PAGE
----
A survival guide to university accomodation

By George Watkins

Halls are strange. You have decided to move in with a group of strangers into a flat in a new city surrounded by hundreds of people who have decided to do the same.On the one hand you’re surrounded by new people and have an exciting chance to try out some new things (I don’t mean drugs), but on the other you have to totally look after yourself, whilst surviving on high levels of stress, not enough sleep and a constant edginess about whether you remembered to lock the door before your flatmates clingfilm everything you own (I made this mistake a fair few times). So how can you get the best out of this oddly wonderful period in your life?

The first step is to make sure your room is a haven. IKEA is just down the road, and during Freshers the union regularly runs shuttle buses to and from there. A life-saver for my room was to buy two mattress toppers because my bed was awful. I could feel the springs poking into my back, but with that extra support I slept like a baby (when I didn’t get woken up by my Spanish flatmate coming back at 3 am and deciding to tell her life story to her friends in the corridor next to my room).Other great ideas are a tray to store your papers, a stapler and hole-punch (trust me it’s worth it), more than one towel, a super soft throw for your bed or even a shade for your light if the lightbulb is exposed.

What about dealing with a shared living space? Two things I wish I had known were to firstly do your washing up as soon as possible to avoid having to pick your stuff out of a bowlful of greasy pasta water. Also, try to make sure you buy things with decent shelf lives. Don’t do what one of my flatmates did and pack the older stuff to the back of his cupboard and keep buying new food he never ate. Healthy eating is possible, but it’s a matter of personal preference.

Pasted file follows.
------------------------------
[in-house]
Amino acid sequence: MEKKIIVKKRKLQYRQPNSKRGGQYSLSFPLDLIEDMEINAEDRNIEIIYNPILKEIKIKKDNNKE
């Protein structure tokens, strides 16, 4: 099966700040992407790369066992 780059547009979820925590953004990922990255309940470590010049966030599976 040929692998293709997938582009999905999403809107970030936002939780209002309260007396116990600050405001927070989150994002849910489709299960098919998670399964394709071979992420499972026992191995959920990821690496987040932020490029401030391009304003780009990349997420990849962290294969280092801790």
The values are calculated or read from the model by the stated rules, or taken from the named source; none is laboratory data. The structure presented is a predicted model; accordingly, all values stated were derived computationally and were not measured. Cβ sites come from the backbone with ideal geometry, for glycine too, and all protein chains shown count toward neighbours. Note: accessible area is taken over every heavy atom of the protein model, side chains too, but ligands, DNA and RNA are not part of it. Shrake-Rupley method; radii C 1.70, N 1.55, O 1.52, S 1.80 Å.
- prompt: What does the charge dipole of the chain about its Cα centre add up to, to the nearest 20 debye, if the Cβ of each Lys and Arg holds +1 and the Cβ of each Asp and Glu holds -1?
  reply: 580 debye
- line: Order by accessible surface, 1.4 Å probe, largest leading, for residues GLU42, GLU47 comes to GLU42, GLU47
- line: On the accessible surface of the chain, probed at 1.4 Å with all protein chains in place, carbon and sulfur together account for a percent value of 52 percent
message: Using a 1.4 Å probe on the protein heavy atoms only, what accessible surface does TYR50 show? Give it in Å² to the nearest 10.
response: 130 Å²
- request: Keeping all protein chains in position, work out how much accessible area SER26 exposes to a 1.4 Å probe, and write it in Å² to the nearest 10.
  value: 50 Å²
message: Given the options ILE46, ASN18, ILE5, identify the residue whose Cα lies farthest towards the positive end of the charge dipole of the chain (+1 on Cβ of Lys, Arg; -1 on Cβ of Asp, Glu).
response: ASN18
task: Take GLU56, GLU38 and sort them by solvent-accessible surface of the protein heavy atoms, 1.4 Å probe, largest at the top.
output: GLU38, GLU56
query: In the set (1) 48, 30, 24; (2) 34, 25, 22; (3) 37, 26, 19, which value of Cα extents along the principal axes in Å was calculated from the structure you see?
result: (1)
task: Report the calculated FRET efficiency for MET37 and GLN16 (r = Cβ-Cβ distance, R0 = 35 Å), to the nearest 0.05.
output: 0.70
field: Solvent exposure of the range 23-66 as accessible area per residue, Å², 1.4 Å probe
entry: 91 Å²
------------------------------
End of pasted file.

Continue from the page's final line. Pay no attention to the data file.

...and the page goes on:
Flatmates can be the hardest part of living in a lottery like this. You get on with one of them really well, but they’re friends with another one who you don’t like and they both change when you’re around the two of them. You wish that person would tidy up after themselves etc etc. The only advice I can give is to be assertive and to communicate as much as you can. It gets worse if you don’t be honest about it, but by that I don’t mean kick off and create a new Cold War in the kitchen. At the same time it’s important to not be passive aggressive either. That person doesn’t wash up? Don’t leave their dishes outside their door. It’s not going to end well.

The final and most important piece of advice I can give is to enjoy it . It’s weird and can be tricky at times, but it’s also great fun.

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